Dessert lovers: This one’s for you. Today’s tip is adapted from an article by Ann Pietrangel on Care2.com. To get recipes attached to the tips, see the original article.
Pietrangel interviewed Chicago-based pastry chef and restauranteur Malika Ameen, a Top Chef Just Desserts contestant and proprietor of By M Desserts.
Ameen recommends five ingredients that she always has on hand to give her desserts that extra something special. They happen to be popular with us as well:
Candied citrus peel—grapefruit, lemon, lime, orange—adds brightness, freshness and texture to cakes and cookies. The peel of the fruit is julienned and boiled in sugar syrup, which preserves it. Here’s a recipe (along with a delicious lemon chiffon cake).
Candied red grapefruit peel, served with a mascarpone dip. Photo courtesy Wisconsin Milk Marketing Board.
“Used sparingly, dried lavender enhances food with a mysterious and distinctive flavor,” says Ameen. She steeps it in cream to pair with berries, makes lavender-infused simple syrup syrup for lemonade and iced tea, and combines it with a crunchy sanding sugar to garnish cookies and pound cake. Here’s our recipe for lavender whipped cream.
If you’re buying lavender outside of a food store (at a farmers market or general merchandise store, for example), be sure that it is organic. Lavender that is grown for ornamental display or potpourri can be coated with chemical pesticides. You want culinary lavender.
A vanilla-cardamom-filled whoopie pie.
Here’s the recipe. Photo courtesy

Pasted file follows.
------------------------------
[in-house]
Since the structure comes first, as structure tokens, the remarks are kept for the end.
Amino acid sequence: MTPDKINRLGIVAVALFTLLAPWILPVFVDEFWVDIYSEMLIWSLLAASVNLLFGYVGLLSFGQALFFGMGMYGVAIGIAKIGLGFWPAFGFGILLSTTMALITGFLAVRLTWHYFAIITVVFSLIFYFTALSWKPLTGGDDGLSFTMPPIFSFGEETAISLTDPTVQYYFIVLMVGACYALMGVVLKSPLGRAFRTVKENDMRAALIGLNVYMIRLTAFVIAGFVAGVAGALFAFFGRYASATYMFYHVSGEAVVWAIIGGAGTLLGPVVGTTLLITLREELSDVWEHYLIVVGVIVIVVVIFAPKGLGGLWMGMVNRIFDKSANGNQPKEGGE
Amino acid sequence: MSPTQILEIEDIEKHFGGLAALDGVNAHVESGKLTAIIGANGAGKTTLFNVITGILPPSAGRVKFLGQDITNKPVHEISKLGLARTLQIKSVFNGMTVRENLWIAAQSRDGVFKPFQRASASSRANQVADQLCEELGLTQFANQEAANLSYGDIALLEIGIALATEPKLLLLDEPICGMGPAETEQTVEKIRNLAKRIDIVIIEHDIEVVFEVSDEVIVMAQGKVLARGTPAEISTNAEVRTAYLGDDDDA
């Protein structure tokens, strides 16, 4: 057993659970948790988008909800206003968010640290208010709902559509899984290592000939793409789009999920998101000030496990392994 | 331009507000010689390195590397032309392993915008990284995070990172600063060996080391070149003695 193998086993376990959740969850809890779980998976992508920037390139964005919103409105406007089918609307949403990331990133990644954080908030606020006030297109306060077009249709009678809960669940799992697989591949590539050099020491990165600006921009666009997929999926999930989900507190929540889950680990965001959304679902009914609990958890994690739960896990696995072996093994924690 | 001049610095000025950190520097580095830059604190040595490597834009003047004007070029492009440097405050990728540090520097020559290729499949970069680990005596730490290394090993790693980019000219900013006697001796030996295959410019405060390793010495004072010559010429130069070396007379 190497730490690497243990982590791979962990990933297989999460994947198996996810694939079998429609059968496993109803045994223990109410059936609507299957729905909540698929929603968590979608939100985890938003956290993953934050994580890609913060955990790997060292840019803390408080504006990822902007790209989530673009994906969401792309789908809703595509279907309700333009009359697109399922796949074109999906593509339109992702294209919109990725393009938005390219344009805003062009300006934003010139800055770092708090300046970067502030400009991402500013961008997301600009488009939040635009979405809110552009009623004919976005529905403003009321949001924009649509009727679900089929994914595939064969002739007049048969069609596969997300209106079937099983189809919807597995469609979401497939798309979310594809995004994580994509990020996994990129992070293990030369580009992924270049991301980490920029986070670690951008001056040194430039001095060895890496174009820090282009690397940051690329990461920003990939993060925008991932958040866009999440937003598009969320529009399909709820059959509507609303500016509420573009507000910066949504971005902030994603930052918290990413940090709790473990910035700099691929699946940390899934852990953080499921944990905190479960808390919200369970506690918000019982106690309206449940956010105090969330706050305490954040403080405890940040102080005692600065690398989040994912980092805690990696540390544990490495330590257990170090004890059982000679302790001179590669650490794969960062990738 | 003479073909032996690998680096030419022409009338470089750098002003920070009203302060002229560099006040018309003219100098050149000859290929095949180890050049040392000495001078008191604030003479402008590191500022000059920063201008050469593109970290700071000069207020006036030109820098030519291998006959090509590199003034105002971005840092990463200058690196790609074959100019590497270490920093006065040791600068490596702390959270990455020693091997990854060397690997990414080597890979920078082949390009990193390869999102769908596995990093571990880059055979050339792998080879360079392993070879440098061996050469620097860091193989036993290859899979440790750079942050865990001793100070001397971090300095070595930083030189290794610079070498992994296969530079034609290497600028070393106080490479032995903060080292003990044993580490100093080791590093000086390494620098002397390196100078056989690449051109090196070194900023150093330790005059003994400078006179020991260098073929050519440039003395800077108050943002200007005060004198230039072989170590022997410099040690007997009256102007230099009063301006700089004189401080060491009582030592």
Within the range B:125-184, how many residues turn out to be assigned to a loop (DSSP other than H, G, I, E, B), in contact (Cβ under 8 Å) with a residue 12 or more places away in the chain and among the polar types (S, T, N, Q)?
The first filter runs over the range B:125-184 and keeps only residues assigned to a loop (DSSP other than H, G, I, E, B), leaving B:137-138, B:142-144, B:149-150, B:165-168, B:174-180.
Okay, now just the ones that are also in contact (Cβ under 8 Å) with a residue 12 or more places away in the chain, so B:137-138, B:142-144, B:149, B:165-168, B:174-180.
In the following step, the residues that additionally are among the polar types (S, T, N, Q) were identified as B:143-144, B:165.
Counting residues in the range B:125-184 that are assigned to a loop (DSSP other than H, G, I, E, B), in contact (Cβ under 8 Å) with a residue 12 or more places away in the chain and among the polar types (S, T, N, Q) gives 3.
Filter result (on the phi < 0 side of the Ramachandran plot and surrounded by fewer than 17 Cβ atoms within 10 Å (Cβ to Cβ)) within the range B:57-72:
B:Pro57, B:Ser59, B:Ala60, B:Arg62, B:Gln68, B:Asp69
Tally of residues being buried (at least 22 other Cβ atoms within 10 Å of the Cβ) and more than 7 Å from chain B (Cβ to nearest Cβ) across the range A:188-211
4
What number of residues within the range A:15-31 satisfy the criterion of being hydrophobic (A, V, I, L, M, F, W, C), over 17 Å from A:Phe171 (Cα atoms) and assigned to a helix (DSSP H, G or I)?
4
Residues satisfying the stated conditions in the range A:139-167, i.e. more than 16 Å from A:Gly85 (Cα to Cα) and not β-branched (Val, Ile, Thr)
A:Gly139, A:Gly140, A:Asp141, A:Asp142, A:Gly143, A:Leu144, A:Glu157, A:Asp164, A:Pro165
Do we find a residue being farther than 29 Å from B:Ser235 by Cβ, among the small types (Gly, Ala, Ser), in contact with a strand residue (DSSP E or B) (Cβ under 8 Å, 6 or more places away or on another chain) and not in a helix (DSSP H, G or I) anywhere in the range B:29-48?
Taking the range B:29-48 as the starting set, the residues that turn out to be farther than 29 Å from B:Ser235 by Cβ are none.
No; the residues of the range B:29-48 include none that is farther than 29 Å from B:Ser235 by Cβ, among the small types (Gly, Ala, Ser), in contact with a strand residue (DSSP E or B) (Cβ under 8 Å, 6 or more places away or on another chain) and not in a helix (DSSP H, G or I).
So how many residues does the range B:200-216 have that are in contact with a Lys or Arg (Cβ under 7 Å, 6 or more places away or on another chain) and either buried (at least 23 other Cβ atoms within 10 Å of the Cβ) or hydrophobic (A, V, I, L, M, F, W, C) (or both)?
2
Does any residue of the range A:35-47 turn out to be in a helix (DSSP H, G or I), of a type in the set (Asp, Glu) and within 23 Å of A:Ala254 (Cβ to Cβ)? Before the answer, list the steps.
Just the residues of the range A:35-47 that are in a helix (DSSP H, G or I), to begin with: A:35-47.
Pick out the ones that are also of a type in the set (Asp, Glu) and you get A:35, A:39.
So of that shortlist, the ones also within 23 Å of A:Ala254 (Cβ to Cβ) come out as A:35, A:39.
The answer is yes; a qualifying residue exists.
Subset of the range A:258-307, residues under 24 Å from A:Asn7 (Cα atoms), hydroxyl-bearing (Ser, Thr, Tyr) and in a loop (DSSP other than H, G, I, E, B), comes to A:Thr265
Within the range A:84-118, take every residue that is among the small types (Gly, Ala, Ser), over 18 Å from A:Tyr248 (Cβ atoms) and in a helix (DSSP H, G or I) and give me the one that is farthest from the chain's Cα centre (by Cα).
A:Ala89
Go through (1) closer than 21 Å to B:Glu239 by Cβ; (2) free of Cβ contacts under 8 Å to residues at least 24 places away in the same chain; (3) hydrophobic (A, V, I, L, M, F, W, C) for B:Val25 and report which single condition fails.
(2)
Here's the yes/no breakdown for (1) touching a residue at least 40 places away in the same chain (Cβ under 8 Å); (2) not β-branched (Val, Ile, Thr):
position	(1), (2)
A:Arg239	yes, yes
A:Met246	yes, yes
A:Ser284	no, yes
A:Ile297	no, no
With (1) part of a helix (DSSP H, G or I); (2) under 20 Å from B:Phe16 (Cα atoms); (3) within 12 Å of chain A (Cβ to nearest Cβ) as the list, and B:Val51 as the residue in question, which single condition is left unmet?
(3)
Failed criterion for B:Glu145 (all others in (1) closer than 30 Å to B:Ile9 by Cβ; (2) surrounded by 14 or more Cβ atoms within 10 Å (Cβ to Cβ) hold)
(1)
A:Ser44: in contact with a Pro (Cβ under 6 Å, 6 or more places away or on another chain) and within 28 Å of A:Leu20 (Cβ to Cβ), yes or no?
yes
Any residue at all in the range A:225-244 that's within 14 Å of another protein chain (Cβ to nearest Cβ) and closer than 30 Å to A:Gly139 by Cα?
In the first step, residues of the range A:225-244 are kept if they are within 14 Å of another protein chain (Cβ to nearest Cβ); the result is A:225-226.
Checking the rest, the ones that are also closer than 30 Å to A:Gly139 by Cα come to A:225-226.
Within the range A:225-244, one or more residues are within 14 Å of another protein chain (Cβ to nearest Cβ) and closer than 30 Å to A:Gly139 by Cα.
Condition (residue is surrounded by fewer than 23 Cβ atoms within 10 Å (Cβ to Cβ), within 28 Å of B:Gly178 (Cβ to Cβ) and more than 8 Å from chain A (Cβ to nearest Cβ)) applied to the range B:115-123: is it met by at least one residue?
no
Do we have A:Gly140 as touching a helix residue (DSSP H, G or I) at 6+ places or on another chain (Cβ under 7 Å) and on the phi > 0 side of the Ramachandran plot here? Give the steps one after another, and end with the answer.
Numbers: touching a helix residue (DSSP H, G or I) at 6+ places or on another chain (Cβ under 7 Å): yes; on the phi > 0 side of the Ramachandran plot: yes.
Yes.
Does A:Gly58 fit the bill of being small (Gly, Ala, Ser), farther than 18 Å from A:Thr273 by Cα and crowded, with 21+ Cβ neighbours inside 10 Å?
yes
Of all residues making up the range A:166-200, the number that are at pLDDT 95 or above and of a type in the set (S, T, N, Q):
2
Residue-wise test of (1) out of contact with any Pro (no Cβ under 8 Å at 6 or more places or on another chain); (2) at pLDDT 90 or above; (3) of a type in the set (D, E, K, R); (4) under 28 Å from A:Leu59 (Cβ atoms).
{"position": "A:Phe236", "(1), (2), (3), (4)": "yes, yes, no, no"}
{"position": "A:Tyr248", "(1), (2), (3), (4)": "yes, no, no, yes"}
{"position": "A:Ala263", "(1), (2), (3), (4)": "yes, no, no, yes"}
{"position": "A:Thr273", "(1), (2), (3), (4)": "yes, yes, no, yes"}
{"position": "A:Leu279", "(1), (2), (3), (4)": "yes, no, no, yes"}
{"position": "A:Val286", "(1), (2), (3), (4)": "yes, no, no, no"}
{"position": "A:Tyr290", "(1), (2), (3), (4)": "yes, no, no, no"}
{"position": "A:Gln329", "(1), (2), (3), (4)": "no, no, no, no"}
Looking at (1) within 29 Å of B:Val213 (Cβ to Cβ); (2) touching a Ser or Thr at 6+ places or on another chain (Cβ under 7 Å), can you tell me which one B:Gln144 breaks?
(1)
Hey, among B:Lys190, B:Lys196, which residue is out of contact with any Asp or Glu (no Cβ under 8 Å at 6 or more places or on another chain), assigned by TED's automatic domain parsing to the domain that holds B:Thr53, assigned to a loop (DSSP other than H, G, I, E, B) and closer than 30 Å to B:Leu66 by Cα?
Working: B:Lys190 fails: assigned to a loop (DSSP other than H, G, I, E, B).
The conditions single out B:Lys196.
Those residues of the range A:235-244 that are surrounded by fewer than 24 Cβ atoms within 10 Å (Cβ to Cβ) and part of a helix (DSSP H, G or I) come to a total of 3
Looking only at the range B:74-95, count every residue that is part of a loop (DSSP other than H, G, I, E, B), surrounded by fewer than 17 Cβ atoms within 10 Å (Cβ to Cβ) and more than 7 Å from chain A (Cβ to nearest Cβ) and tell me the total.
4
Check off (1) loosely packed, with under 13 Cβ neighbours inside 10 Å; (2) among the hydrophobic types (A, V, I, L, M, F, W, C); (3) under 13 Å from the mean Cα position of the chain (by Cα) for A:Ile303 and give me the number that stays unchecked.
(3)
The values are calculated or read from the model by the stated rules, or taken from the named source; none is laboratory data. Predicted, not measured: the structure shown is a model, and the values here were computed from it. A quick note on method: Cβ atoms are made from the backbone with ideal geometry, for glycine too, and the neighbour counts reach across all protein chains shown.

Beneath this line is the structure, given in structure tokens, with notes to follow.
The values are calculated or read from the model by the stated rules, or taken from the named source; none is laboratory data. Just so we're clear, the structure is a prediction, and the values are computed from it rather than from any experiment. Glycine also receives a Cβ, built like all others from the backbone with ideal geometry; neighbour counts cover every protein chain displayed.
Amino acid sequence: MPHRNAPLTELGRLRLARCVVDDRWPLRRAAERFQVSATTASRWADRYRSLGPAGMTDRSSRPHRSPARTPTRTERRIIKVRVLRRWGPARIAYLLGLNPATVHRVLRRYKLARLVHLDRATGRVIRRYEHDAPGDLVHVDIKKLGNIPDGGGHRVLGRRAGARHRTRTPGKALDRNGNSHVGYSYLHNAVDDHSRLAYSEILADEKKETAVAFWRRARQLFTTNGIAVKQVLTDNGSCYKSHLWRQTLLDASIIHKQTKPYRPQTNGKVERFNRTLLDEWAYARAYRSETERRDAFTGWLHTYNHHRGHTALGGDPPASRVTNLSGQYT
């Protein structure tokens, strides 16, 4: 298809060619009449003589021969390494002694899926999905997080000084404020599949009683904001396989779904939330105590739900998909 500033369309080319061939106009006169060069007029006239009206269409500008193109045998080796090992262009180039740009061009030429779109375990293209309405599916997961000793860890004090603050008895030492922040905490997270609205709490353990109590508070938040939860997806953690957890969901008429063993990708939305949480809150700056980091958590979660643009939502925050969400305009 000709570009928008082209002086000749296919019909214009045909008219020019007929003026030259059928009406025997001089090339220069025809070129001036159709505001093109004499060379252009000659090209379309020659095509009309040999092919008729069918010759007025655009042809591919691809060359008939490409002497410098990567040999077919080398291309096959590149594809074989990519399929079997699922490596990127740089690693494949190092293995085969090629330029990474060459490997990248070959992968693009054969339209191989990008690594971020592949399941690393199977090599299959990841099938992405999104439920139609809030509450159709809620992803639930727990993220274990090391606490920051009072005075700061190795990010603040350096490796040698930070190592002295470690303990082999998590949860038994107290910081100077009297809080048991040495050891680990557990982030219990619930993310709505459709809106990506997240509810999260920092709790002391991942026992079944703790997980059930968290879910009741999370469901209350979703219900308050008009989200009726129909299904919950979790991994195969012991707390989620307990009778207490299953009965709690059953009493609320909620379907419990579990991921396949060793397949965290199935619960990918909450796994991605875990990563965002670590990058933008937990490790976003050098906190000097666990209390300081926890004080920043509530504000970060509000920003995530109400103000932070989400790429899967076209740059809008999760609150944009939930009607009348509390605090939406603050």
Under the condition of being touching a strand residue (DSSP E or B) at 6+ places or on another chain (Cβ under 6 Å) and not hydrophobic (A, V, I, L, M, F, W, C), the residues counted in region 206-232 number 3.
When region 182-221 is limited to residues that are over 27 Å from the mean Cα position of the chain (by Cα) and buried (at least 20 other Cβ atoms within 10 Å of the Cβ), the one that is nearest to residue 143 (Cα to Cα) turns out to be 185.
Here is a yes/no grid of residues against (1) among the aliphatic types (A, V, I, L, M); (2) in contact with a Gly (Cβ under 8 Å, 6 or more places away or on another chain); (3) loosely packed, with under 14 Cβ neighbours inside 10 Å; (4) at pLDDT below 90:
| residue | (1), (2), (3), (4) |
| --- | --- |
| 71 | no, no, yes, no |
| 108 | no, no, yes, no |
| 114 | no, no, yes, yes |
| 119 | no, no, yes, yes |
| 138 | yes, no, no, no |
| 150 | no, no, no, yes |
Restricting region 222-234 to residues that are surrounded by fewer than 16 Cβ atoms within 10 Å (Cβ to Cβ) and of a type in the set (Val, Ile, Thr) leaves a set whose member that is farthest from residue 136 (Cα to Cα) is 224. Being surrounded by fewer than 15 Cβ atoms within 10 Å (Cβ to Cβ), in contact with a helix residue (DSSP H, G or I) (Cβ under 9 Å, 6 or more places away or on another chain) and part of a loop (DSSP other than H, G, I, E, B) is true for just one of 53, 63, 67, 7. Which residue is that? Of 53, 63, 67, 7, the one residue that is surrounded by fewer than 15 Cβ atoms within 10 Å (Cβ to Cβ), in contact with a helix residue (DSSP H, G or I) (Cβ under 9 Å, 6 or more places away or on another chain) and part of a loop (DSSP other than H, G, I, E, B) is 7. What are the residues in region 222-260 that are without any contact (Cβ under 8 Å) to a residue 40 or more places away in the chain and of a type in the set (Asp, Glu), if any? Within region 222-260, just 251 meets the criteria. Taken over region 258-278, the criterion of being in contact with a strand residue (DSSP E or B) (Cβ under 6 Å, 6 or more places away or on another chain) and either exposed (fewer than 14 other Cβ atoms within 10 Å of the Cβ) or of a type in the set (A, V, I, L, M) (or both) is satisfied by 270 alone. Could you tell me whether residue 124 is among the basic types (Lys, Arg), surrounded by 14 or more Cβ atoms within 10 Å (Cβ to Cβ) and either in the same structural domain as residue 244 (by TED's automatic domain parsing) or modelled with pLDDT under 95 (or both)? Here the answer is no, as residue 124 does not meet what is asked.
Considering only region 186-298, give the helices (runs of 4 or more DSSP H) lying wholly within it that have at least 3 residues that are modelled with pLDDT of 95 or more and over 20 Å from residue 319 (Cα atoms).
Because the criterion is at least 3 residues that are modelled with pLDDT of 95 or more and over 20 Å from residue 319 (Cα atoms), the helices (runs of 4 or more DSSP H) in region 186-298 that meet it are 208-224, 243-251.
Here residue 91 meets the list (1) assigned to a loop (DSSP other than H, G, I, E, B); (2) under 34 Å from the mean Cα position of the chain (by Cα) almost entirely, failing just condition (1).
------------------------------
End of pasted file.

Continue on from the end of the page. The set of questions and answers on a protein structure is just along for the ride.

3. Ground Cardamom
This aromatic and slightly sweet spice, a relative of ginger, is one of Ameen’s favorites. While it is known for its use in Indian cooking, it is a popular addition to Scandinavian breads and breakfast pastries, as well as to Middle Eastern desserts.
Cardamom pairs beautifully with chocolate: Use it to accent anything from chocolate pudding to brownie batter; add a dash or two to a chocolate milkshake. You can use cardamom pods to brew a delicious cardamom tea.
Cardamom plants grow wild in the monsoon forests of southern India. They had been gathered and traded for 1,000 years until the British began to cultivate it in the 19th century. Cardamom was called the Queen of Spices. Black pepper, also Indian in origin, was the King of Spices.
4. Vanilla Sugar
Vanilla beans are expensive, but they have a second life. Used vanilla beans can (and should) be used to make vanilla sugar.
Use vanilla sugar instead of plain table sugar to add a lift of flavor as an ingredient or a topping. Try it with baked goods, berries, beverages, cereal and grapefruit, for example.
To repurpose vanilla beans, simply place one in a sealed pound canister of granulated sugar for at least week. It can remain there infinitely; just shake the jar occasionally. You can add more used pods and can give containers of your artisan vanilla sugar as gifts.
If you don’t use vanilla pods, you can buy ready-made vanilla sugar as a gift for your favorite baker.
NOTE: Vanilla powder is not the same as vanilla sugar. Vanilla powder is a combination of sugar and ground vanilla that is used in recipes where a dry ingredient is preferred, instead of vanilla extract. More about the different types of vanilla.
5. Fleur De Sel
Sweet and salty has emerged as a flavor hit (although everything old is new again). Salt helps to lift the flavor of other ingredients. That’s why cookies, cakes and other sweets all have a pinch of salt in the recipe.
Fleur de sel (“flower of the sea”), a fine French sea salt is simply delicious with chocolate. That’s why there are so many artisan brownies, chocolate bars and chocolate chip cookies garnished with it.
Sprinkle a few crystals of fleur de sel sprinkled over any chocolate dessert to add a burst of flavor and crunchy texture.
Here’s more about fleur de sel in our Artisan Salts Glossary. Who knew there were so many wonderful salts?